Opinion: California’s Offering Health Care to More People Than Ever, But We Need to Let Them Know About It

Community health worker or promotora Iris Conde (middle) works with Sandra Himenez and Amelia Hernandez, both 72, at Banning Villa Apartments in Wilmington in 2017. A new law will give more people access to a community health worker. Photo: Jessica Portner

Every year the California Legislature passes hundreds of bills to help people across the state, from making investments in rent and utility relief to providing unprecedented funds to protect access to reproductive justice.  

In California’s quest to achieve a state that truly serves all, we have made great strides to open Medi-Cal, the state’s low or no-cost health insurance, to more people than ever — and to ensure that those already on Medi-Cal have robust access to essential and culturally supportive services.  

One of the primary reasons I ran for office was to represent those who are far too often left out of decisions that impact their health and wellbeing. In the small cities and rural communities comprising my district in rural Northern California, it became evident that we lack some of the most important health care resources. Unfortunately, the pandemic highlighted what we’ve been saying for years: health, educational, economic and geographical inequities are prominent in these communities. In health care specifically, the needs of small-town residents must be prioritized. 

To make matters more challenging, Medi-Cal enrollees represent some of the most disadvantaged and historically excluded people in our state. From families facing challenging economic times (including almost half of California’s children), to people who are undocumented, to those with limited English-proficiency. As of today, Medi-Cal serves 14 million Californians and counting.  

This year I have had the honor of working on AB 2697: Community Health Workers/Promotoras with the California Pan Ethnic Health Network, the Latino Coalition for a Healthy California and multiple community-based organizations. The bill would give all Medi-Cal members culturally and linguistically accessible information about how to work with a community health worker or promotora, which are now a service through their health benefits.

Community health workers and promotoras are stepping in more to help vulnerable populations navigate lifesaving services. They are trusted messengers and active in the communities they serve. They help Medi-Cal members enroll, access, navigate and utilize their health, mental health and oral health benefits.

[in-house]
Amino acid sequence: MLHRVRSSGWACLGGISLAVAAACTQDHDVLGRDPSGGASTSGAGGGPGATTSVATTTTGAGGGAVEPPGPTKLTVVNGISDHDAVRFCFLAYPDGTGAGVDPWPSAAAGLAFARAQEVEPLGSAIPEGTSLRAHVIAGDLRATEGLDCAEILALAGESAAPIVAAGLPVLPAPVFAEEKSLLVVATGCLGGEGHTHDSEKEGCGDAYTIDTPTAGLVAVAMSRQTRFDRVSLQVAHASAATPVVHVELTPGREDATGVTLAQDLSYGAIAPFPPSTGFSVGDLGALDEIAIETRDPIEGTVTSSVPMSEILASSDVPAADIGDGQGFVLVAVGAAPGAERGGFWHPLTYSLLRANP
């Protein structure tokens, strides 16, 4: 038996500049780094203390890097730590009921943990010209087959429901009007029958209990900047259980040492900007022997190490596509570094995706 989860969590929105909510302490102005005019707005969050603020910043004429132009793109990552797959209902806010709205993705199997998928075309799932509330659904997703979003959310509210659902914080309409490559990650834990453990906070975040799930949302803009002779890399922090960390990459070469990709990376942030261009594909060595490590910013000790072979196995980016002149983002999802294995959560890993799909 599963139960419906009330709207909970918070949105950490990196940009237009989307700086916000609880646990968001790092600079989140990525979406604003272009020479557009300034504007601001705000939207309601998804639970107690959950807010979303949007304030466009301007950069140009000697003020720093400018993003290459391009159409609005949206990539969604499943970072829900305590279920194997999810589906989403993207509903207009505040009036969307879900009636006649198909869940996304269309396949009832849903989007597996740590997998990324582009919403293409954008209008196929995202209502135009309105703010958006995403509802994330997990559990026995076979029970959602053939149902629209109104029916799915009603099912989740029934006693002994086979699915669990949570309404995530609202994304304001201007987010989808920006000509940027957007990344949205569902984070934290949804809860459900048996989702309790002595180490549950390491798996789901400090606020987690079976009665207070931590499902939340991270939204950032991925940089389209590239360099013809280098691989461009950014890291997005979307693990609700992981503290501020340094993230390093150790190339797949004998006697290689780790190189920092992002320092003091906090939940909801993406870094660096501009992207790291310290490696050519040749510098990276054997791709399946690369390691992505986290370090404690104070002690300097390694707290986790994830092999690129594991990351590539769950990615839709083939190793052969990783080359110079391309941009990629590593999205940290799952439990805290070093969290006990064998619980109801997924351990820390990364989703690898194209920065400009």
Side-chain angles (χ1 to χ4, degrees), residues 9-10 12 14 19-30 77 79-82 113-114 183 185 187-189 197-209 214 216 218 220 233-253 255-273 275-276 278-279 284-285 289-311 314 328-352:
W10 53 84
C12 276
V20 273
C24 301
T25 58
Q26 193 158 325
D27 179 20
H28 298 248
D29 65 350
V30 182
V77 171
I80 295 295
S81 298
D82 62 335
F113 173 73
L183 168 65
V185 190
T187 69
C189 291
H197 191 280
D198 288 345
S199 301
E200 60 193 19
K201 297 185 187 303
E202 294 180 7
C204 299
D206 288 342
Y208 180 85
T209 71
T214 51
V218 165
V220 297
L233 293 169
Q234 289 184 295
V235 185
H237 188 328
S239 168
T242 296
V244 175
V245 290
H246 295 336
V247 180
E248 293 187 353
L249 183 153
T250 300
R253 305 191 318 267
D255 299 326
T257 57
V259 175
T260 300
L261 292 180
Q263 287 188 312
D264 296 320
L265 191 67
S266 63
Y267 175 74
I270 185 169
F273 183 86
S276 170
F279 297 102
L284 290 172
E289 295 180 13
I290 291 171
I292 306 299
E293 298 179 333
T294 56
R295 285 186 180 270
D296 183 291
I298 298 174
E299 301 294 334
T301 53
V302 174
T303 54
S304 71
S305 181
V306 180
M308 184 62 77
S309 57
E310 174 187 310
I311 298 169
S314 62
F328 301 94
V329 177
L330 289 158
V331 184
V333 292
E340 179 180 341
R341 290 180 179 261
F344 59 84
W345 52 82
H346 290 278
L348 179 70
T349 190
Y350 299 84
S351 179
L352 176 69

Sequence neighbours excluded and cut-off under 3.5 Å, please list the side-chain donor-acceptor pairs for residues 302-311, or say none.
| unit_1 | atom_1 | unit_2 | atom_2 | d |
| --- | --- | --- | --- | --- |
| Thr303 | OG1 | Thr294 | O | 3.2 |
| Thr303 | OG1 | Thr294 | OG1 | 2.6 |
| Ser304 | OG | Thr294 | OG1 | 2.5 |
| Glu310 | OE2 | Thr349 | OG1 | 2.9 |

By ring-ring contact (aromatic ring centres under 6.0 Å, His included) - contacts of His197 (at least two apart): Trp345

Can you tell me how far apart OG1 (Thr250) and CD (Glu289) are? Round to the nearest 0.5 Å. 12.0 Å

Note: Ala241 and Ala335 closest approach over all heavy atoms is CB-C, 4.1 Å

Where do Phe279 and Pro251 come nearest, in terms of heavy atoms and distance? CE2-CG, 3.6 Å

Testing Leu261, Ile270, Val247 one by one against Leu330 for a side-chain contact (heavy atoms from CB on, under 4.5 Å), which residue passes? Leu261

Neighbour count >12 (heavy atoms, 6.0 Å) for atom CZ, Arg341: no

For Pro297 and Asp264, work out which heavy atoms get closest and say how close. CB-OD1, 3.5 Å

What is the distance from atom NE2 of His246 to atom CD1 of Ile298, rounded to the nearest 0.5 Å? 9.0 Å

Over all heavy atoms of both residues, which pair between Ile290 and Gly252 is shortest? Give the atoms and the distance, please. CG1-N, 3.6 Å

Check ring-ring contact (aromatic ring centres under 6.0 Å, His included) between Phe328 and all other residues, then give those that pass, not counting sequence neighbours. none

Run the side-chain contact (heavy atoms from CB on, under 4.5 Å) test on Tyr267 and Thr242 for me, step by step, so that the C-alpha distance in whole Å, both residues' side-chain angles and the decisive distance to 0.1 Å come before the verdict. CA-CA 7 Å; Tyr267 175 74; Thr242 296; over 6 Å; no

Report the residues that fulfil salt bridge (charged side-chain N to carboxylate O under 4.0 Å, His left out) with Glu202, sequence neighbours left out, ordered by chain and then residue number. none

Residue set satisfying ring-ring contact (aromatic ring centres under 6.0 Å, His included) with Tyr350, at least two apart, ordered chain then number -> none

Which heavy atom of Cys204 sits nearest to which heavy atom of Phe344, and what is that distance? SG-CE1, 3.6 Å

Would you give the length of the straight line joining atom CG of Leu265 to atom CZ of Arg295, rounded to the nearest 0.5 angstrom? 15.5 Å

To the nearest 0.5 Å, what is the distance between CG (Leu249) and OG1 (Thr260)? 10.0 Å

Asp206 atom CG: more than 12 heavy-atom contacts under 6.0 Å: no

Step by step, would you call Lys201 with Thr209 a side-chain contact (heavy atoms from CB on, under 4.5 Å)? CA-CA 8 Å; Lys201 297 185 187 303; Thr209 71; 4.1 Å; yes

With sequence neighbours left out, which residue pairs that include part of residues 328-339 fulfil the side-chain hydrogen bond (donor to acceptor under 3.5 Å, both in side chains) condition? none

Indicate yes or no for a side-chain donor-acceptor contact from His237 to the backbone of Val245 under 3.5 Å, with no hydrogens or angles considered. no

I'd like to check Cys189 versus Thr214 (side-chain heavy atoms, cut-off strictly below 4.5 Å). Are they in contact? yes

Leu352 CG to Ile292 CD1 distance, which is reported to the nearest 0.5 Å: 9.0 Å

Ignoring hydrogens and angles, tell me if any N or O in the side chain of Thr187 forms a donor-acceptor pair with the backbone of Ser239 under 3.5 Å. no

A generation ago, my own mother was a community health worker, or promotora, in thecity of WintersDuring her 10 years of service, she helped hundreds of people in our area from all backgrounds access preventative services and essential resources — services they needed to be healthy where they live, work and play.  

We used to talk about the numerous barriers her clients faced, many of which remain today. For example, many households did not and still do not have reliable internet access. And although my recent legislation aims to change that, how are these communities expected to navigate the enrollment process and access services or relief without internet access and guidance in the meantime? 

Without proactive outreach to Medi-Cal-eligible Californians, there is great risk that we will not reach the very people who most need services. It’s like having a ladder that is missing its middle steps. We must connect policy passage to implementation and execution in a well-coordinated manner to ensure the bill does what it’s meant to do: reduce inequities and improve lives.  

Governor Gavin Newsom and his Department of Health Care Services have an ambitious plan to hire 25,000 community health workers and promotoras statewide. Too much is at stake as we face growing workforce shortages and an expected increase in Medi-Cal members. Now is the time for the Legislature to do our part and make sure this new population of our health workforce has the necessary protections and accountability measures to be successful.  

California has a once-in-a-lifetime chance to make the critical investments and set the staffing priorities needed for Medi-Cal to reach the least-served among us. With 25,000 health care workers fanning out across the state, now is the time to ensure we provide new Medi-Cal members with the guidance and funding they need to access services. My AB 2697 provides them with that direction. Californians shouldn’t have to wait another generation to get the care and services they need. 

Assemblymember Cecilia Aguiar-Curry represents the 4th Assembly District, covering all or parts of Yolo, Napa, Lake, Sonoma, Solano and Colusa counties.

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